By Mike Peeters, CWA Veteran Hunt Program coordinator
We expected 2 feet of snow, blowing winds and miserable late-season conditions. After all, it was February, and that’s what we got last year. But Mother Nature delivered 65 degrees, no wind and no snow. This was definitely not a repeat of last year’s arctic conditions. Instead of busting through ice and snow to get to the pit blind, we drove our trucks and decoy trailers into the field. Dang, this was a whole lot easier! We put out our full-body spread and settled into our pit blind to wait for dawn’s early light. Still dark, the specks and snows that were roosted across the ranch began to fill the air. Their chorus warned us that there might yet be a “snows storm” on this warm day.
We were hunting the late white and white-fronted goose season. The unusually warm weather had pushed a lot of geese into the Fall River Valley to the north. Still, we were hoping to fool them with our mixture of full-body snow and speck decoys set out in family groups. This late in the season, geese had been shot at for over five months and were extremely wary of decoys.
Finally, as the light broke through, the big crescendo of “lift off” from the geese filled the morning air.
“Close the lids,” whispered our volunteer guide and caller, Scott DeBois. “Here they come.”
Marine Corp veteran Tanner Langley held down the southern sector of fire. Debois, of the 82nd Airborne, anchored the northern corner. I was in the middle of the pit, waiting for the “take ’em” order.
Swarm after swarm of snows came our way, circled, cupped their wings at 60 yards and then decided to continue on. However, throughout the morning, a number of geese made the mistake of coming in for a closer look. They were greeted with a fusillade. Fortunately for me, Tanner and Scott can shoot, and we quickly piled up the geese. I always seemed to be looking in the wrong direction, or getting tangled up with the blind or aiming at a goose that dropped before I pulled the trigger. It was a good thing we didn’t have to rely on my shooting. But after a couple of hours, the switch was flipped and not a goose was flying.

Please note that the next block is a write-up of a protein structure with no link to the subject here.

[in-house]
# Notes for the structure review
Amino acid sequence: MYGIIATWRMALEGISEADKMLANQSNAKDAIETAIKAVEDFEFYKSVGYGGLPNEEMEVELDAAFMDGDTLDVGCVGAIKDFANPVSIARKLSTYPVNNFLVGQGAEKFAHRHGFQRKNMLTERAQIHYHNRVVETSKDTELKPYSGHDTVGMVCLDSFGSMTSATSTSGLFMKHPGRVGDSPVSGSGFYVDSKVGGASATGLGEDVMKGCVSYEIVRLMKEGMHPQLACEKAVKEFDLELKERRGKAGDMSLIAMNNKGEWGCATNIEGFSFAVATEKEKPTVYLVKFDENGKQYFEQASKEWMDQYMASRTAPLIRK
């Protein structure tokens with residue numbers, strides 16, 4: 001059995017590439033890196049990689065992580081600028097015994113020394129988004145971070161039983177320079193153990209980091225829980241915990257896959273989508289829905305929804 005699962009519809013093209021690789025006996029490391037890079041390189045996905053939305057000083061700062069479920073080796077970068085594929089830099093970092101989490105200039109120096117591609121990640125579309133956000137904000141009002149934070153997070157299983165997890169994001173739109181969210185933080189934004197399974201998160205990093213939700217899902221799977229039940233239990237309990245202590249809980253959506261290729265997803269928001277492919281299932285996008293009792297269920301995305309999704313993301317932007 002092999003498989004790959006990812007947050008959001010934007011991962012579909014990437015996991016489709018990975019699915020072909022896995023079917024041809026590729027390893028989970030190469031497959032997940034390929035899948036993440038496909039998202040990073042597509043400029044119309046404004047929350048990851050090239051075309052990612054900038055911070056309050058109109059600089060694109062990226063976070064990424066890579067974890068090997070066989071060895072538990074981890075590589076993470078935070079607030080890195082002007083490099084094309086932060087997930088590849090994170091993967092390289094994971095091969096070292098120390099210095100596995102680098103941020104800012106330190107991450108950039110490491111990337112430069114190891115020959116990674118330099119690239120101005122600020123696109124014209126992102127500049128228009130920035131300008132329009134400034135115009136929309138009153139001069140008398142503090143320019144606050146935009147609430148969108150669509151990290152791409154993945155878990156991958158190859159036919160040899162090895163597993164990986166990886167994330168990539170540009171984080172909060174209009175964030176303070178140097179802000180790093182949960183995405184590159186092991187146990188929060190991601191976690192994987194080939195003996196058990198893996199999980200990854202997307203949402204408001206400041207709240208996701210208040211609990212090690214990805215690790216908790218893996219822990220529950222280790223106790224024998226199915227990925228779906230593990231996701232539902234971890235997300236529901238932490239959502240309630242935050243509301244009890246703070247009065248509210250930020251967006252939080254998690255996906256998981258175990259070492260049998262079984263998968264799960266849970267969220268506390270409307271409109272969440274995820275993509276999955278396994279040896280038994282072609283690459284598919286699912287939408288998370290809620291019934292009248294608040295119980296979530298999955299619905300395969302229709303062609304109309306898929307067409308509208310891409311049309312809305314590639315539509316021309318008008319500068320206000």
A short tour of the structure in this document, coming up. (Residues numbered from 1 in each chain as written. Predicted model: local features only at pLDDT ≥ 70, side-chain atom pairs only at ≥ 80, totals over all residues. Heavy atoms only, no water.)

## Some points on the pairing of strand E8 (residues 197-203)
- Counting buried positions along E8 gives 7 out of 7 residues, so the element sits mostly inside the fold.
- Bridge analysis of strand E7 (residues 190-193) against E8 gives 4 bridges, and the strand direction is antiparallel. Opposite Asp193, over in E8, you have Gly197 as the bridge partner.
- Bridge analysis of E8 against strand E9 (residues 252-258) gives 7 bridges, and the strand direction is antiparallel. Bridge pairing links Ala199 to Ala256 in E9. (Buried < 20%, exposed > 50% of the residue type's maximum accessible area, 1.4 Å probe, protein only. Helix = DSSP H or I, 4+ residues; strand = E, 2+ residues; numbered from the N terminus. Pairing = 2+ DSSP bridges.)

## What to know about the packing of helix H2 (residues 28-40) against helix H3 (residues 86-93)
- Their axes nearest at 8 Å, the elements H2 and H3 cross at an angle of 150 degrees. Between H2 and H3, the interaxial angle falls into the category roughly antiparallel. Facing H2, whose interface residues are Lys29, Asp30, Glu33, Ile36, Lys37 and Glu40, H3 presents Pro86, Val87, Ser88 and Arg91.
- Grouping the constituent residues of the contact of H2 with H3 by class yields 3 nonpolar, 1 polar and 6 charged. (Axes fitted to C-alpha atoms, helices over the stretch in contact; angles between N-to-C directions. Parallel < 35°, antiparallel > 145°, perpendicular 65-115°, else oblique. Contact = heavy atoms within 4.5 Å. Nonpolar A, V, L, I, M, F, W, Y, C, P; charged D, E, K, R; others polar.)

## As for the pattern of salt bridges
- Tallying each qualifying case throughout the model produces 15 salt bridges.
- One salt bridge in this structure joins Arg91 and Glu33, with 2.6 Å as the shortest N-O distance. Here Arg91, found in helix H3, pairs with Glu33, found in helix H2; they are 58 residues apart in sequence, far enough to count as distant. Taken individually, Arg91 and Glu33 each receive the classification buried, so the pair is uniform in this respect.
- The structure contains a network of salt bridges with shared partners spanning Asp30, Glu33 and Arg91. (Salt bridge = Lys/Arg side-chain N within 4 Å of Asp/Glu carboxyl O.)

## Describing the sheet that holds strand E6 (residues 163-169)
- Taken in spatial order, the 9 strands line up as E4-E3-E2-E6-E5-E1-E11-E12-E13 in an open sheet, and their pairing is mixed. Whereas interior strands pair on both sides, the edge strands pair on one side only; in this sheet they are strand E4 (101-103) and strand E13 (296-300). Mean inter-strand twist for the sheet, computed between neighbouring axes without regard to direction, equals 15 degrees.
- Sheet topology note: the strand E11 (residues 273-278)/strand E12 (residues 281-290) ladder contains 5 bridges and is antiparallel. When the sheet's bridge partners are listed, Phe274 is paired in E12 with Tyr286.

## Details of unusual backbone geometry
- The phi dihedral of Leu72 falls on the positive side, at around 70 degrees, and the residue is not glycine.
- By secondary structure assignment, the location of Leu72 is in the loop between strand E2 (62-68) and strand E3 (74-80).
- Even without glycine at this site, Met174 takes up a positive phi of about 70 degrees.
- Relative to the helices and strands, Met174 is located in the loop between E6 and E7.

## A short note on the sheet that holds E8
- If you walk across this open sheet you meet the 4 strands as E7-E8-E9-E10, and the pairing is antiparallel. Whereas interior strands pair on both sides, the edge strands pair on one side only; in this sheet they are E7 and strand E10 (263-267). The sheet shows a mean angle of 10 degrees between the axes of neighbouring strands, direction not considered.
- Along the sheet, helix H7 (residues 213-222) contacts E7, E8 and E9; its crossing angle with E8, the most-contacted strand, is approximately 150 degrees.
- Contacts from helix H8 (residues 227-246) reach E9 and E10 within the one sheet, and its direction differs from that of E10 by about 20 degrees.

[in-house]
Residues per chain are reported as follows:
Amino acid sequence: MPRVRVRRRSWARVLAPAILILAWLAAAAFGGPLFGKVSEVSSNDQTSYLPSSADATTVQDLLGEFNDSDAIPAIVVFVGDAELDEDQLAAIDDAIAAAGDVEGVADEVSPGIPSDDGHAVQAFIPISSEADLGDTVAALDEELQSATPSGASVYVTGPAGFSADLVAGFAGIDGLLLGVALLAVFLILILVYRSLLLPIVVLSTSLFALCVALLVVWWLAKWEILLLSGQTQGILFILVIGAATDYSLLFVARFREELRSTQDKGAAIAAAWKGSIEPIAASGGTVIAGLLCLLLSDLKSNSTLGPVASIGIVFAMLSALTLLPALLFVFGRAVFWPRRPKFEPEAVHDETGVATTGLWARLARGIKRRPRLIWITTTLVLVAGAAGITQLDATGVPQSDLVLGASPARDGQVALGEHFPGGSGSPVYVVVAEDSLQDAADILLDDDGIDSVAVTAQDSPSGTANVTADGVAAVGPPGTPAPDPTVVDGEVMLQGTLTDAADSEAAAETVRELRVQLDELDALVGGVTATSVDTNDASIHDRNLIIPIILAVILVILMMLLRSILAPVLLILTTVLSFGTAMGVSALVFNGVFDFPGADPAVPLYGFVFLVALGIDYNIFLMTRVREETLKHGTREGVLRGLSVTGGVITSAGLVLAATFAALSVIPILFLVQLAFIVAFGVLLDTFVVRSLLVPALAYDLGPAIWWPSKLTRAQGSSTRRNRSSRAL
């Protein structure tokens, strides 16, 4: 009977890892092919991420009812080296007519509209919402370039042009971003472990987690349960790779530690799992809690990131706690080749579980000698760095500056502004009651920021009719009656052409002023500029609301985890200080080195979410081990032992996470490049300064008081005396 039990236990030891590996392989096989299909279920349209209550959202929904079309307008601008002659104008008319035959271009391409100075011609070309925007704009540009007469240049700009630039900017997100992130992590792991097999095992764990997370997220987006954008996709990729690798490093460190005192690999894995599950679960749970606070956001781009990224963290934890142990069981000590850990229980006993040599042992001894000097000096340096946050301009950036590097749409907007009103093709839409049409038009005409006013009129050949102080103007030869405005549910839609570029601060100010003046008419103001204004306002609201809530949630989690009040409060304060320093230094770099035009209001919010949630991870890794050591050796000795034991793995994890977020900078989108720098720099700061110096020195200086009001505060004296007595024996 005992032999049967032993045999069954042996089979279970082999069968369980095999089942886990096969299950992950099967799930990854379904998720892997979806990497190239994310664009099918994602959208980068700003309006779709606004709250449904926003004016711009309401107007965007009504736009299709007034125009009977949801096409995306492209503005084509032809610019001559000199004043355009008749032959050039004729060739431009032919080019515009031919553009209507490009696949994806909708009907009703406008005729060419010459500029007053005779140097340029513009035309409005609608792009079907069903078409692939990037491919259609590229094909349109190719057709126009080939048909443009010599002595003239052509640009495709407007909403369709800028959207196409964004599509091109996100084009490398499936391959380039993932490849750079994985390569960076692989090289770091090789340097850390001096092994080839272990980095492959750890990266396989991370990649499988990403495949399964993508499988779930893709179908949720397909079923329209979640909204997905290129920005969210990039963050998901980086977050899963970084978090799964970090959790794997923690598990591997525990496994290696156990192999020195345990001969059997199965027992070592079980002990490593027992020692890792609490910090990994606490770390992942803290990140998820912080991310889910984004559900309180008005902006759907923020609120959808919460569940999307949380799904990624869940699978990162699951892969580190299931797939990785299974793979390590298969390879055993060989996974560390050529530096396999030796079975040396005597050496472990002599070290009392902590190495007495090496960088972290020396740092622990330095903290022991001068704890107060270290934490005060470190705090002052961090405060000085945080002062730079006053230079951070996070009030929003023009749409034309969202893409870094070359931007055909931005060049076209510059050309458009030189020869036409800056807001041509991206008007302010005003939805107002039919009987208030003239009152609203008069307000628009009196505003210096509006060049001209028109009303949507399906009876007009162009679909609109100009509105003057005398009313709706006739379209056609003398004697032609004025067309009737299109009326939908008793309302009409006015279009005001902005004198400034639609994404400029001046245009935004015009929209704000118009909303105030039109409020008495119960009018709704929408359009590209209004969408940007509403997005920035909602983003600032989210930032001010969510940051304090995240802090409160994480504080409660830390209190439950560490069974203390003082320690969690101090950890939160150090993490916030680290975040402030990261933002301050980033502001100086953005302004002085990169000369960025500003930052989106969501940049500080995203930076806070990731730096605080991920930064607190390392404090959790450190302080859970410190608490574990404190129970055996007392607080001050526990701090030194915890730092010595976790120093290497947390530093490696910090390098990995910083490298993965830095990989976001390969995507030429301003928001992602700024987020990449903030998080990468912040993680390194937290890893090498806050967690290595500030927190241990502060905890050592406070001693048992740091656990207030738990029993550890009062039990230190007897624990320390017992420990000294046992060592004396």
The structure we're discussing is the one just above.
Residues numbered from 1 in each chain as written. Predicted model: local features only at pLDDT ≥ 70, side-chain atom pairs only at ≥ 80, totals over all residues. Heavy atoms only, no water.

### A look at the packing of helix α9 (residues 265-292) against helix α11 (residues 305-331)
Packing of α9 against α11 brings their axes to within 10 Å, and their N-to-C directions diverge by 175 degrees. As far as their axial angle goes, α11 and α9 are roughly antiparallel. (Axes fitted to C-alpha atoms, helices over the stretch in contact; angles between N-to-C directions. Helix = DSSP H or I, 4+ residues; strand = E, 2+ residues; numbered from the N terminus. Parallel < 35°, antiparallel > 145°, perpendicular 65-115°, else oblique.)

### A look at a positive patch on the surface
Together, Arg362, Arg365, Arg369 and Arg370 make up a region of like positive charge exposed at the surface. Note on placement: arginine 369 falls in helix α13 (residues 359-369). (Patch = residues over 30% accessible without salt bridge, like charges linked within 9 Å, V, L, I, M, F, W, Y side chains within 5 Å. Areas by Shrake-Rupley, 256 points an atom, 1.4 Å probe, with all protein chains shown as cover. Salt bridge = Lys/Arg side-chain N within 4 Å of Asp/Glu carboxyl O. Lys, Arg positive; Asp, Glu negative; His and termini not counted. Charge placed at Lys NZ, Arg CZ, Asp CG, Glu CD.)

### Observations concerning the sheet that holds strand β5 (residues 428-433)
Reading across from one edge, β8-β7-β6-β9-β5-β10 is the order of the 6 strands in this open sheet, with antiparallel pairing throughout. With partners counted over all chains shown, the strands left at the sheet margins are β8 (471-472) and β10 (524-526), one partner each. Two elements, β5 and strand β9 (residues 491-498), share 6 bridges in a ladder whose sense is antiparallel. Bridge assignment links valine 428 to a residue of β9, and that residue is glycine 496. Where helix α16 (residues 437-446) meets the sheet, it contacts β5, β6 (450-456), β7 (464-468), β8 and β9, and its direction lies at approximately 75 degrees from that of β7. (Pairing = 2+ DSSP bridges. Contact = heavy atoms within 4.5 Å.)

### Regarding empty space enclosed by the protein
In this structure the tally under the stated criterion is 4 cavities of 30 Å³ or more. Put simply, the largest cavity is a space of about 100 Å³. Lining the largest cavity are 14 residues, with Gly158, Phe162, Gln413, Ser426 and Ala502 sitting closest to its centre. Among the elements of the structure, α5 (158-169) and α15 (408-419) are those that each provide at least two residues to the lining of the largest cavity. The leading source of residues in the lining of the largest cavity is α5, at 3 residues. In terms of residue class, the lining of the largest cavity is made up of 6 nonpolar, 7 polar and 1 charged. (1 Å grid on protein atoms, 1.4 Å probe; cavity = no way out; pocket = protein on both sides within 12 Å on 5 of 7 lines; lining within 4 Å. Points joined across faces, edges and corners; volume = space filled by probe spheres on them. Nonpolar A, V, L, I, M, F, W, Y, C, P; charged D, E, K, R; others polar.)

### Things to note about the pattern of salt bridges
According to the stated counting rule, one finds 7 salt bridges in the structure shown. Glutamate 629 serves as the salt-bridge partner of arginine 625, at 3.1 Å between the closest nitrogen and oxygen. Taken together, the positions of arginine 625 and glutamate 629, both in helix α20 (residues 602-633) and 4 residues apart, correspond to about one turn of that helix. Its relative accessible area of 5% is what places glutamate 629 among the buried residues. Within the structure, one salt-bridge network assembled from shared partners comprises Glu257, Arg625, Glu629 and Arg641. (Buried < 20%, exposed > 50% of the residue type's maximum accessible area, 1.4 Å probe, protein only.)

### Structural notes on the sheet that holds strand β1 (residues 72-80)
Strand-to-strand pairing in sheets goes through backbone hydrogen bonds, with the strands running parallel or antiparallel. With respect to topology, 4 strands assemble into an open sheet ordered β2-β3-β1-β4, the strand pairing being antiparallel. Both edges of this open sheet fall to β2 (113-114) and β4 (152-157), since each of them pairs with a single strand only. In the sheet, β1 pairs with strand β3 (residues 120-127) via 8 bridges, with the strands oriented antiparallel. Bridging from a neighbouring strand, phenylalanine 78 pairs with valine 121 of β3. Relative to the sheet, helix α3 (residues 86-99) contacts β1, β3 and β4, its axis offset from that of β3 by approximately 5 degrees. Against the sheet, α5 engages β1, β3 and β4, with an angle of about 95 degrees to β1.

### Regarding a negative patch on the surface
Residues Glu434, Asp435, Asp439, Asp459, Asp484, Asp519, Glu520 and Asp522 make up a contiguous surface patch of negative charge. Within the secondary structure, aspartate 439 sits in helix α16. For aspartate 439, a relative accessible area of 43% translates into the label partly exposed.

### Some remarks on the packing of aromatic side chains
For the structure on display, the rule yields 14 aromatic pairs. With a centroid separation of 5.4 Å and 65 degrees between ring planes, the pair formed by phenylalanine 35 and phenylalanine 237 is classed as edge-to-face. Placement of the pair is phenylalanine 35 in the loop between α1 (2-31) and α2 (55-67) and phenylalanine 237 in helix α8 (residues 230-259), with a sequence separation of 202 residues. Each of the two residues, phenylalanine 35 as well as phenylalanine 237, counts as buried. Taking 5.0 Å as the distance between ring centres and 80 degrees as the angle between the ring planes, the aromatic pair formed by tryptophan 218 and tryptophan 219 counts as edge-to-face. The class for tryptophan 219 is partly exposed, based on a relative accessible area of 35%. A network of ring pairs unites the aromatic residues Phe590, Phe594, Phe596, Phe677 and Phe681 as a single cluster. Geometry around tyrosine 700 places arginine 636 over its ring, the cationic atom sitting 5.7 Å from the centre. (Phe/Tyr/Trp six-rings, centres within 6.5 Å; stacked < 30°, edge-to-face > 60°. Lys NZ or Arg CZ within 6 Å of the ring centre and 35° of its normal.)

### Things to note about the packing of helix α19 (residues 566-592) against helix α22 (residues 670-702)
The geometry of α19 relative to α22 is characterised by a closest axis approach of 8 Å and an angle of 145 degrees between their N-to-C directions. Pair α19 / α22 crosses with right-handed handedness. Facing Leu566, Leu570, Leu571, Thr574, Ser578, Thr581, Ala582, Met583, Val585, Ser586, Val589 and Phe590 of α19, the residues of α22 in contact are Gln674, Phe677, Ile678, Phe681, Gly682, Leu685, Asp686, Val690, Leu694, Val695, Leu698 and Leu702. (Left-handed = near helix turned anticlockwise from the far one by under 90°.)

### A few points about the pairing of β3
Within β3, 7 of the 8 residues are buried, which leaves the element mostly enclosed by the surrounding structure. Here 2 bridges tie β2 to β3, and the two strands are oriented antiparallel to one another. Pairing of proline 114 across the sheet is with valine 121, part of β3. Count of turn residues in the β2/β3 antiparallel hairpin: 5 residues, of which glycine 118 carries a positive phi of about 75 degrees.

That afternoon we returned to the blind and hoped for a repeat of the morning snows storm. We found the action we were looking for. Unfortunately, it was across the field. But what a show! From far away, we saw hundreds of geese drop into their spread across the field. We waited for the “boom” of the shotguns. But first, we saw geese fall out of the sky for seemingly no reason. And then the sound of shotguns firing in the distance reached our blind. Those guys hadn’t fired a shot all morning, but they sure enjoyed their own snows storm in the afternoon.
As the sun set, the geese returned to their roost. Another great late-season goose hunt at the Lookout Ranch was in the books.
The 10,000-acre Lookout Ranch in Lookout, Ca., is a privately held ranch that holds thousands of geese. The owner graciously offered his ranch for a Veteran Hunt, and we are extremely excited to offer this opportunity two veterans, Tanner Langley and Scott DeBois.
The Veteran Hunt Program promotes wellness through outdoor healing and the camaraderie of fellow veterans. Veterans can apply for the many hunts, fishing trips and other outings. CWA coordinates all hunt details and supplies food and lodging, shotgun shells, guns, jackets, gear bags, duck calls, shirts, hats and more to all participants. Hunts are free and are limited to veterans. For more information, click here.